Waleed Abulkhair called for reforms, release of political prisoners, women's rights
His wife says he doesn't accept the verdict
She says he won't appeal because he doesn't accept legitimacy of the court
CNN was unable to reach Saudi Justice Ministry or Interior Ministry for comment
Prominent Saudi lawyer and reform advocate Waleed Abulkhair was sentenced on Sunday to 15 years in prison and a 15-year travel ban to be applied after his release from jail for, among other things, “inciting public opinion against the government” and “insulting the country’s leaders and judiciary,” according to human rights activists in Saudi Arabia.
He was also ordered to pay the sum of 200,000 Saudi riyals ($53,000). And, according to official Saudi news agency SPA, he is required to close any websites affiliated with the organization he heads, the Monitor of Human Rights Saudi Arabia. The government said the group was run illegally as an unlicensed organization that attempted to prejudice the public against the government.
“This is the price Abulkhair was expecting as a result of his defense of human rights and standing with the oppressed,” the group said in a statement.
Abulkhair has called for government reforms including the creation of a constitutional monarchy, the release of political prisoners and the expansion of women’s rights.
His wife, Samar Badawi, told CNN her husband does not accept the verdict, nor will he appeal it, as he doesn’t recognize the legitimacy of the court or its ruling. Badawi, who was present when the sentence was read, added, “This verdict was far from just. Waleed was tried and sentenced simply for his work as a human rights activist.”
Human Rights Watch, which has been closely monitoring the trial, condemned the verdict shortly after it was issued.
“Waleed Abu al-Khair’s harsh sentence shows that Saudi Arabia has no tolerance for those who speak out about human rights and political reform and it will go to any length to silence them,” said HRW Saudi researcher Adam Coogle.
It’s the second time in less than a year that Abulkhair, one of Saudi Arabia’s leading and most outspoken liberal voices, has been found guilty by a Saudi court. In October, he was sentenced to three months in prison for signing statements critical of the Saudi government and of Saudi officials.
Just as that case was winding down in a court in Jeddah, another one against Abulkhair was gearing up in Riyadh – this one at the Specialized Criminal Court, a venue known for trying accused terrorists.
Charged with “speaking to the foreign media with the intention of harming the country’s reputation” and “breaking allegiance with the King,” Abulkhair refused on many occasions to recognize the legitimacy of the court.
In April, while attending the fifth hearing of his trial, Abulkhair was arrested. He’s been incarcerated ever since.
Despite repeated attempts, CNN was unable to reach Saudi Arabia’s Justice Ministry or Interior Ministry for comment.
Human rights organizations say Abulkhair’s conviction is simply the latest in a long line of disturbing instances where activists have been deliberately targeted and prosecuted in Saudi Arabia, an absolute monarchy with little tolerance for dissent.
“As Saudi Arabia sits as a member on the U.N. Human Rights Council in Geneva,” said Coogle, “its courts back home are locking away peaceful activists on harsh sentences merely for calling for reform and respect for human rights.”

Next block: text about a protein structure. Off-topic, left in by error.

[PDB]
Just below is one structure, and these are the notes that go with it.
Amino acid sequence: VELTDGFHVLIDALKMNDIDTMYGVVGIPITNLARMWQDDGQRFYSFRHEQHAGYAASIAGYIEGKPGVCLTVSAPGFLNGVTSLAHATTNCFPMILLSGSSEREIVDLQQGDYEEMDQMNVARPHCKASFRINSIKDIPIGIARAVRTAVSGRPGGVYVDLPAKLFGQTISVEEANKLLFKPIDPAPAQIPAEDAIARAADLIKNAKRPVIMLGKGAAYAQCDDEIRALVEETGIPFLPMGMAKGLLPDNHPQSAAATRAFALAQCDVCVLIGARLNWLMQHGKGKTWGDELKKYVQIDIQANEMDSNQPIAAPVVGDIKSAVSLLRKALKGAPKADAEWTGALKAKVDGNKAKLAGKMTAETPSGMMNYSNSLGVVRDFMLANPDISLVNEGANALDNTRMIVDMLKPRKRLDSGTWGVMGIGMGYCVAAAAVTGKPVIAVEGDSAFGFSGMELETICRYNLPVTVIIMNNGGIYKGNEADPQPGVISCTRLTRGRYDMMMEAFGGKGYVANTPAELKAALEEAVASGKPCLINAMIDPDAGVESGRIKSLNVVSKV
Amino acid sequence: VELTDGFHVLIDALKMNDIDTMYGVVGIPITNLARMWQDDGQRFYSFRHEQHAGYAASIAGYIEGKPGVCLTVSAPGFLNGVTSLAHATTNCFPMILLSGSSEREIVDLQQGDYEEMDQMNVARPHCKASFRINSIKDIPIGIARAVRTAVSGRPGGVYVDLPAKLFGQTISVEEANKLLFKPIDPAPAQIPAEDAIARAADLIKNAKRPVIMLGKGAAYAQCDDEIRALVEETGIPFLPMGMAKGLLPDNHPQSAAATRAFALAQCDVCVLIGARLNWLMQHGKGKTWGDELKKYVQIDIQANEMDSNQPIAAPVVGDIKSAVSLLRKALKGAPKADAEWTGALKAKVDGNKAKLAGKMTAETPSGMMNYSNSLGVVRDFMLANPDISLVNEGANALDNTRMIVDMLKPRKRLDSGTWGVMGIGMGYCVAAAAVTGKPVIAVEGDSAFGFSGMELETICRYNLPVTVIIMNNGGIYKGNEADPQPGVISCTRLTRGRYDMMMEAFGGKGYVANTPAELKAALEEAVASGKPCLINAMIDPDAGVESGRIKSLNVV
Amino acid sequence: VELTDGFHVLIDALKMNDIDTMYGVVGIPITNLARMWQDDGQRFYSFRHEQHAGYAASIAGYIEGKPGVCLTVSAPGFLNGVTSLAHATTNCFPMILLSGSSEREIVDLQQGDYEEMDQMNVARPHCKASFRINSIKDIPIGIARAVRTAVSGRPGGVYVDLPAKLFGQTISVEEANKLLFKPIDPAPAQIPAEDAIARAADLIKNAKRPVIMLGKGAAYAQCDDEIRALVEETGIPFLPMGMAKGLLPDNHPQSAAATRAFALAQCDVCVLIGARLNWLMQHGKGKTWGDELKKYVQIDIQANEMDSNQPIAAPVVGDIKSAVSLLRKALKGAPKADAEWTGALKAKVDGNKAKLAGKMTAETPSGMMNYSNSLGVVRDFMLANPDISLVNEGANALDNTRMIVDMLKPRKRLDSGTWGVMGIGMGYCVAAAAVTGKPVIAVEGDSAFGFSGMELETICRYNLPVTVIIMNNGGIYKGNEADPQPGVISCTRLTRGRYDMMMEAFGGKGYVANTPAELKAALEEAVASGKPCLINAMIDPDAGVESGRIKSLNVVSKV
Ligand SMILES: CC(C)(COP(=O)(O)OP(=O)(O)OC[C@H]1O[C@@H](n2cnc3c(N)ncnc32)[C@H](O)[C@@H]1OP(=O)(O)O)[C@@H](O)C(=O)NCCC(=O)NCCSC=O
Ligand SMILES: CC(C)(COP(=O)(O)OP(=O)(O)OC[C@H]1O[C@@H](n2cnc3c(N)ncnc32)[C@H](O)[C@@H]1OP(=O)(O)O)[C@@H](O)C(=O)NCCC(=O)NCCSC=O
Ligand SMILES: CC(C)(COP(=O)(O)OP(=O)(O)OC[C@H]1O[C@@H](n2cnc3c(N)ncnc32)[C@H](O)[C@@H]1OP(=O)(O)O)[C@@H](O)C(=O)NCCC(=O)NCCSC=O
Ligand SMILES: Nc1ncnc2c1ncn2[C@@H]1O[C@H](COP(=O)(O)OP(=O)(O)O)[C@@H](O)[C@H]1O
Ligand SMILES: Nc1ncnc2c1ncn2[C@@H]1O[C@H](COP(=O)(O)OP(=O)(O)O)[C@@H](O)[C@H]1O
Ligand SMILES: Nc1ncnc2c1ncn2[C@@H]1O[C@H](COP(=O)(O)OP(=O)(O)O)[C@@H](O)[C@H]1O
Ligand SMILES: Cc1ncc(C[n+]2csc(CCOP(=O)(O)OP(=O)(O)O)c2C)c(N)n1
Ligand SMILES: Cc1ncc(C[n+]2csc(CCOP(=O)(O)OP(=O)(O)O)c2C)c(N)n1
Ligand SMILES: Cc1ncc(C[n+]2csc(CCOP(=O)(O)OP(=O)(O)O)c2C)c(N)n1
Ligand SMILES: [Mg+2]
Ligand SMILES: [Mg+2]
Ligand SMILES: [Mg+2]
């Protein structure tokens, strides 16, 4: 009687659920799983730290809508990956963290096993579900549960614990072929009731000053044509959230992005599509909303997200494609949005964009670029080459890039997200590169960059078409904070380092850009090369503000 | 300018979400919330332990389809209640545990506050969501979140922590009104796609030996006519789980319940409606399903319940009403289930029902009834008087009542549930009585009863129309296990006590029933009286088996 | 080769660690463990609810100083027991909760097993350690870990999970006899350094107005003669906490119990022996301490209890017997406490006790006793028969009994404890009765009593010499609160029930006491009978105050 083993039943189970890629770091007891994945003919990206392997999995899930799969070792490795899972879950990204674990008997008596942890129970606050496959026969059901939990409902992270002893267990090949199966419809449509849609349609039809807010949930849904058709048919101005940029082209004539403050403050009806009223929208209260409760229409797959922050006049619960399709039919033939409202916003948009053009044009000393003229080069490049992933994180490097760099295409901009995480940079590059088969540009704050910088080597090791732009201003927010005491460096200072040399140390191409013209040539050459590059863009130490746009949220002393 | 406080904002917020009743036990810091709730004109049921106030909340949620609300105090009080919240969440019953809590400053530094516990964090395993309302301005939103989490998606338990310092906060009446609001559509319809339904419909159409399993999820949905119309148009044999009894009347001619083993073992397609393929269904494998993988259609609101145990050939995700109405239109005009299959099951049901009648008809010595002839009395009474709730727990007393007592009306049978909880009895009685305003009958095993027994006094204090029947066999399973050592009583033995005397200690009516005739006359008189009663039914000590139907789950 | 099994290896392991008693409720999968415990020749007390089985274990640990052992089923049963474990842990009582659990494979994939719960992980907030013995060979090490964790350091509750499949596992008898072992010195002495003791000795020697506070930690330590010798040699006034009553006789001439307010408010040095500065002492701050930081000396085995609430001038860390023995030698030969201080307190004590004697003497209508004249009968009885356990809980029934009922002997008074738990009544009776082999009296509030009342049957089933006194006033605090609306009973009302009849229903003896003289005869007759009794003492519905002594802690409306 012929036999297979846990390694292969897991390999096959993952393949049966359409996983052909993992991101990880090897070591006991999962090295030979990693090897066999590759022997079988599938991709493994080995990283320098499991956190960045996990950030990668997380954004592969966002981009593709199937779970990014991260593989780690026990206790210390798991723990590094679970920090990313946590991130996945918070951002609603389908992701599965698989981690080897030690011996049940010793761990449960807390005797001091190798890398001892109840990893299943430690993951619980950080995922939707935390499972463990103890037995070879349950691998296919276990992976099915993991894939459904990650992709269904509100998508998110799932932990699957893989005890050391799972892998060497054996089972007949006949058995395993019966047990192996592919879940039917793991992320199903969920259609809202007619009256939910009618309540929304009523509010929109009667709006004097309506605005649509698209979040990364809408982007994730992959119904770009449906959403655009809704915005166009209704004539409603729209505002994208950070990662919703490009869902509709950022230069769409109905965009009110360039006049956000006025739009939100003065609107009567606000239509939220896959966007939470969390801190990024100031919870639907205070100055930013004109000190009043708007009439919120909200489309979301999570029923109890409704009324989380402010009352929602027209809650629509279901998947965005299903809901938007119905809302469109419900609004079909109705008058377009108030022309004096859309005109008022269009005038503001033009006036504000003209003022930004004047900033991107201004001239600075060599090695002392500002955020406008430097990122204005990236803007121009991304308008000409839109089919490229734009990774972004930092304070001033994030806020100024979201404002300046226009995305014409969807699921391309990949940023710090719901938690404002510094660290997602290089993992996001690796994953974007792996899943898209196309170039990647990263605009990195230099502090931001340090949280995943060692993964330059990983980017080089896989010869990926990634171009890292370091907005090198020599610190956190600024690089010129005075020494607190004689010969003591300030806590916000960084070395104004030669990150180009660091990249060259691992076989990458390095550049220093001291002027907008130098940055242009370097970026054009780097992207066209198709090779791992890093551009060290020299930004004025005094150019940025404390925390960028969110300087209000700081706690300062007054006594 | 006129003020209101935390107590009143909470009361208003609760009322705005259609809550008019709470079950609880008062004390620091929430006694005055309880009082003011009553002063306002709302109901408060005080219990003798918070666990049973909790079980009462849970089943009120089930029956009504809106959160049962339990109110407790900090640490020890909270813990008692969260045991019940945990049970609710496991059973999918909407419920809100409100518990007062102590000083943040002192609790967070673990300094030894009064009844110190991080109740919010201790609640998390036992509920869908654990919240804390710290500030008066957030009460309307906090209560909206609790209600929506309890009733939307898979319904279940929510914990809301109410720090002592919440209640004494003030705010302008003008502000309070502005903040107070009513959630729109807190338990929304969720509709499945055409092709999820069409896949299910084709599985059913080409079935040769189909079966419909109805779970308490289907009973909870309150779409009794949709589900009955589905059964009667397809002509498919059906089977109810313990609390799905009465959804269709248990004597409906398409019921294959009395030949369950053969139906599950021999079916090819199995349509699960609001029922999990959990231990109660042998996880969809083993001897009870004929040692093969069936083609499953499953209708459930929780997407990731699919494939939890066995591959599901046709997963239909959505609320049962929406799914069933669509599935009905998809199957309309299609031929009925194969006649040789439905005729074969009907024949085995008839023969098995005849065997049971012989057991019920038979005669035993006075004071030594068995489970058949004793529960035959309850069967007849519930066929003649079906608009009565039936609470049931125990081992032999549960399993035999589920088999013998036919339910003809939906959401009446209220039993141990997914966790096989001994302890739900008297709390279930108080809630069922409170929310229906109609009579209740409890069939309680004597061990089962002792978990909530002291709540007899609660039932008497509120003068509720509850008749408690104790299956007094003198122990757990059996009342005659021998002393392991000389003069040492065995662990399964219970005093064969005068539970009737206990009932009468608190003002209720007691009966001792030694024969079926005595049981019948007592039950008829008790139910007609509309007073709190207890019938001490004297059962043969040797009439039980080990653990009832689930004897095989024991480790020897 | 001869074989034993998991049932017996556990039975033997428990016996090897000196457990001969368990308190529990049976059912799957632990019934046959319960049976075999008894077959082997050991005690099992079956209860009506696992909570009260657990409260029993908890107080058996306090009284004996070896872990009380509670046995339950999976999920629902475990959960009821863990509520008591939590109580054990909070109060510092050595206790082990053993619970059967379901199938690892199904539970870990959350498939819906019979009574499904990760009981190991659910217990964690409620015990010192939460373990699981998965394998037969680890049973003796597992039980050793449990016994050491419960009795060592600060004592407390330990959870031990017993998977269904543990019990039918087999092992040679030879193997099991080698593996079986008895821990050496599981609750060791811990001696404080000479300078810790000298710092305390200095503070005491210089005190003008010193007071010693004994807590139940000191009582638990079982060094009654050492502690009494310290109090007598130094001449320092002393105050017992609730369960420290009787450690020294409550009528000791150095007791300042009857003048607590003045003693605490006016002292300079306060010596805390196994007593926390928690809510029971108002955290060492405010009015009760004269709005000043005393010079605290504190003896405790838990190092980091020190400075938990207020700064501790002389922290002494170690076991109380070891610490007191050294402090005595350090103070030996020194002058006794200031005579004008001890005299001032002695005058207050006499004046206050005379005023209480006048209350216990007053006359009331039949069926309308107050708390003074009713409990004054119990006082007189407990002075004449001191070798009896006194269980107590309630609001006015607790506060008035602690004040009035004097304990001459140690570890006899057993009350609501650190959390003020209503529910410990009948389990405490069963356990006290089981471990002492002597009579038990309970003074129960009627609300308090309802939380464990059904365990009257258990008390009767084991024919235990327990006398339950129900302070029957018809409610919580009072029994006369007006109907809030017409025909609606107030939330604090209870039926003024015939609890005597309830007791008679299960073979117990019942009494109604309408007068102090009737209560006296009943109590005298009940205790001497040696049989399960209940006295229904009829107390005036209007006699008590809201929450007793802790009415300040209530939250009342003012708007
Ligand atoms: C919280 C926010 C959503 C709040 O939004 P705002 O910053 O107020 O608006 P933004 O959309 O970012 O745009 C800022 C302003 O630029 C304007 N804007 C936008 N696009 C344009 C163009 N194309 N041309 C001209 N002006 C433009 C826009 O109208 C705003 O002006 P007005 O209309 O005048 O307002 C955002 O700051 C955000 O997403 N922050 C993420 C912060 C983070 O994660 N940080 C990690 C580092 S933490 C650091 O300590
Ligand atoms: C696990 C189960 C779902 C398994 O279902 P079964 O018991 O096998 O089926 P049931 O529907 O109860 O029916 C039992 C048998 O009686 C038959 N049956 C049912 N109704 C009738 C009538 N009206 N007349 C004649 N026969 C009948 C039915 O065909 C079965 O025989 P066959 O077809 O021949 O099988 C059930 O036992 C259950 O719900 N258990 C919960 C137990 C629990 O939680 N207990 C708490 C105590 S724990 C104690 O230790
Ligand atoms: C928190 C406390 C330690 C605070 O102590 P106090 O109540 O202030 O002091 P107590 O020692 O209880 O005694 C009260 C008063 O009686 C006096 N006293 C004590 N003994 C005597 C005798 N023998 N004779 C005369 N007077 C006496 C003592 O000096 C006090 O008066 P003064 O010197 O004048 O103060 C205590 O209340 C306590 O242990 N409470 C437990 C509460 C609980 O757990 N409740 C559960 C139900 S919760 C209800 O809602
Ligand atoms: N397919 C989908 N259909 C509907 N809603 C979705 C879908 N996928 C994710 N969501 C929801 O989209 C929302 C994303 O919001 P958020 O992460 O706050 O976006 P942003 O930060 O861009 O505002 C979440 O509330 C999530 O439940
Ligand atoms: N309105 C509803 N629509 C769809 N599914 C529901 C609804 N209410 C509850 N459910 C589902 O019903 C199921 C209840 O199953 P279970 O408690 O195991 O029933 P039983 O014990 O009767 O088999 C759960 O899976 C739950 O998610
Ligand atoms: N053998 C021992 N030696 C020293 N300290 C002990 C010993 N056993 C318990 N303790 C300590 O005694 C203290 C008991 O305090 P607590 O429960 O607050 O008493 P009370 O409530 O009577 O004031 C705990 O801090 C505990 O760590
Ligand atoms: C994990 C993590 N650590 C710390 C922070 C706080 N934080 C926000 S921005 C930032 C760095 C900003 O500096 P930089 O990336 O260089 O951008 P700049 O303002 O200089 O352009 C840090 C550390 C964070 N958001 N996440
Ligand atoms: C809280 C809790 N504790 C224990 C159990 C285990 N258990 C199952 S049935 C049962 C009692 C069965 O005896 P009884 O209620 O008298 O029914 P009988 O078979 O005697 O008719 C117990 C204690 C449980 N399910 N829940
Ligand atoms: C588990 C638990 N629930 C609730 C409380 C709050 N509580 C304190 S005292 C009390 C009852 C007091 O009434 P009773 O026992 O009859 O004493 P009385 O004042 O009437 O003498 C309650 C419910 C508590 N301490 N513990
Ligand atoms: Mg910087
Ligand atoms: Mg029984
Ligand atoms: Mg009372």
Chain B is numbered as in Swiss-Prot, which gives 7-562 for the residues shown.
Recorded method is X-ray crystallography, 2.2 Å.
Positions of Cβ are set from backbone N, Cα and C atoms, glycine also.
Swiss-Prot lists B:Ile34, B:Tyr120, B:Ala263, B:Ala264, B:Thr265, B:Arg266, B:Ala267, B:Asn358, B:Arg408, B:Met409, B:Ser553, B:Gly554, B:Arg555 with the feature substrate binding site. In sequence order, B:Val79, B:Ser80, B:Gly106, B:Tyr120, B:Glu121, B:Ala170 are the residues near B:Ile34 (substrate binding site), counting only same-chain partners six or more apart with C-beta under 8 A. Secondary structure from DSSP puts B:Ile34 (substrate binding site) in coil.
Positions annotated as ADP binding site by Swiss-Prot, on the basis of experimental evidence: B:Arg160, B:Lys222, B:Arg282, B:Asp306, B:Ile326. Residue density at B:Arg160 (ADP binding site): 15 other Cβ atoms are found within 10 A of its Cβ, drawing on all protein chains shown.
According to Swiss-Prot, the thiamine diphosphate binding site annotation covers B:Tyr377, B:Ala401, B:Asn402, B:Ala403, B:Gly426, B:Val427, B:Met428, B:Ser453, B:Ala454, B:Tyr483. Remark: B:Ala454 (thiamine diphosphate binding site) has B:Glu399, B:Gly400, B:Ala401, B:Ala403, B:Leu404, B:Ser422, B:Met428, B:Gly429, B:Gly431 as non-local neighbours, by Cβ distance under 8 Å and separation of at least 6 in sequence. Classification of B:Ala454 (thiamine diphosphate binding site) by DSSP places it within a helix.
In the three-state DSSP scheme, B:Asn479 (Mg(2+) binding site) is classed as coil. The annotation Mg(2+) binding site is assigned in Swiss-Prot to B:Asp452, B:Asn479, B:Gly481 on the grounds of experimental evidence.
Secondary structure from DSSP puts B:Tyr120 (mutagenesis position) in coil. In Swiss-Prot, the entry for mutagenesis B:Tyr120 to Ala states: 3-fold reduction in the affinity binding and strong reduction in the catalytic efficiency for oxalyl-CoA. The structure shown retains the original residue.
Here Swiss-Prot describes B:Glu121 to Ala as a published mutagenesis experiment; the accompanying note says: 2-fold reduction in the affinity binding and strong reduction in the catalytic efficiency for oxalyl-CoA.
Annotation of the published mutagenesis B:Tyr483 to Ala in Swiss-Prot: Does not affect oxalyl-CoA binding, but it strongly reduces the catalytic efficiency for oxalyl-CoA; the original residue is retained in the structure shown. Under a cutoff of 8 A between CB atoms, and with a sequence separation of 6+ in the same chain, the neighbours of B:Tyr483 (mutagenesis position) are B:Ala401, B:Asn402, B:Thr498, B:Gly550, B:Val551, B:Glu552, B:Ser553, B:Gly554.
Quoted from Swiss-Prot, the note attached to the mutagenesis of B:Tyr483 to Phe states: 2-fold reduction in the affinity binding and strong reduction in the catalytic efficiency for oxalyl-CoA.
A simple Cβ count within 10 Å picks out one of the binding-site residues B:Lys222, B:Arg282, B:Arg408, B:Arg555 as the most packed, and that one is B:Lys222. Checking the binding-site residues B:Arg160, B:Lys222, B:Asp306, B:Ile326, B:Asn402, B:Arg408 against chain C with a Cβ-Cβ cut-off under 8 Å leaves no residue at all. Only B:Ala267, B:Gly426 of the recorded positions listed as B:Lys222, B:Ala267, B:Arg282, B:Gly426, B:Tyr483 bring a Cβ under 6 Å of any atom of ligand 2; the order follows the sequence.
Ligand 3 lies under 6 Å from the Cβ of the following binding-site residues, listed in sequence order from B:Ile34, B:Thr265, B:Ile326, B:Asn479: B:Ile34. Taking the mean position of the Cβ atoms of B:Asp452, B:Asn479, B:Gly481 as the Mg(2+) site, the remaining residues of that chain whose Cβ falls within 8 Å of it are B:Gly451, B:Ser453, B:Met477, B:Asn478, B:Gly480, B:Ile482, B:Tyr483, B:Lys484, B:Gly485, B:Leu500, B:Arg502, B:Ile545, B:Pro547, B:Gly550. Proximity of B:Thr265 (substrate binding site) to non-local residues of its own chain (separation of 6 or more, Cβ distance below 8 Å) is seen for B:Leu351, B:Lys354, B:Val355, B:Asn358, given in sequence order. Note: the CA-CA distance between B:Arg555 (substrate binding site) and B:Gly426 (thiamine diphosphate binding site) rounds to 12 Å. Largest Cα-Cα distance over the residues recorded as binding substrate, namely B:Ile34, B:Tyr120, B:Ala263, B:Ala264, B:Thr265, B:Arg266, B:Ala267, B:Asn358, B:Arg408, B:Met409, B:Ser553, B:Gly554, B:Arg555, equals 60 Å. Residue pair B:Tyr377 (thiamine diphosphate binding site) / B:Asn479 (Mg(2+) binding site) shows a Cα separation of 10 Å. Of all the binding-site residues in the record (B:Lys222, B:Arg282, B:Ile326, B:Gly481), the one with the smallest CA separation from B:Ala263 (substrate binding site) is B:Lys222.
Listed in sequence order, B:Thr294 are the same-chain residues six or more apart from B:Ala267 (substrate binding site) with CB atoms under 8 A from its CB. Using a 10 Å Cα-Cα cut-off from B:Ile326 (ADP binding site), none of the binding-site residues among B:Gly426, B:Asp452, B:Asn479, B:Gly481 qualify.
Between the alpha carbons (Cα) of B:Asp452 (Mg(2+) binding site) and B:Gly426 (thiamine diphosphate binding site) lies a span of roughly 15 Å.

In May, Raif Badawi was sentenced to 10 years in prison and 1,000 lashes by a Saudi court for insulting Islam. Badawi, Abulkhair’s client and brother-in-law, first got into legal trouble with the Saudi government after starting a liberal website and forum where users could discuss religion.
April saw activist Fadhil al-Manasif receive a 15-year sentence and 15-year travel ban for “breaking allegiance with the King” and “harming the reputation of Saudi Arabia by speaking with foreign news agencies.”
In 2013, two of the country’s most vocal reform advocates, Mohammed al-Qahtani and Abdullah al-Hamid, were each sentenced to 10 years in prison and a five-year travel ban. Both were found guilty of providing inaccurate information to foreign media and founding and operating an unlicensed human rights organization, as well as other offenses.
Human rights organizations may be outraged by these outcomes, but they’re hardly surprised. Earlier this year, the Saudi government passed a series of very strong and sweeping anti-terror laws that many groups feared would be used as a way to quash dissent.
In a statement, Human Rights Watch said: “Saudi Arabia’s new terrorism law and a series of related royal decrees create a legal framework that appears to criminalize virtually all dissident thought or expression as terrorism. The sweeping provisions in the measures, all issued since January 2014, threaten to close down altogether Saudi Arabia’s already extremely restricted space for free expression.”
In 2013, Abulkhair spoke to CNN via Skype from Saudi Arabia, as he was under a travel ban. He said any activist who calls for reform there is in danger of being arrested.
“Here’s the thing,” Abualkhair explained. “The government of Saudi Arabia, they want to show themselves outside Saudi Arabia that they are modern, that they are open-minded, that they want to change, they want to reform, that the problem is coming from the society, and that the society moves slowly. They keep saying that for the foreign media. But actually inside, when we act with our society, when we want to reform, when we want to do something with our society, they keep punishing us.”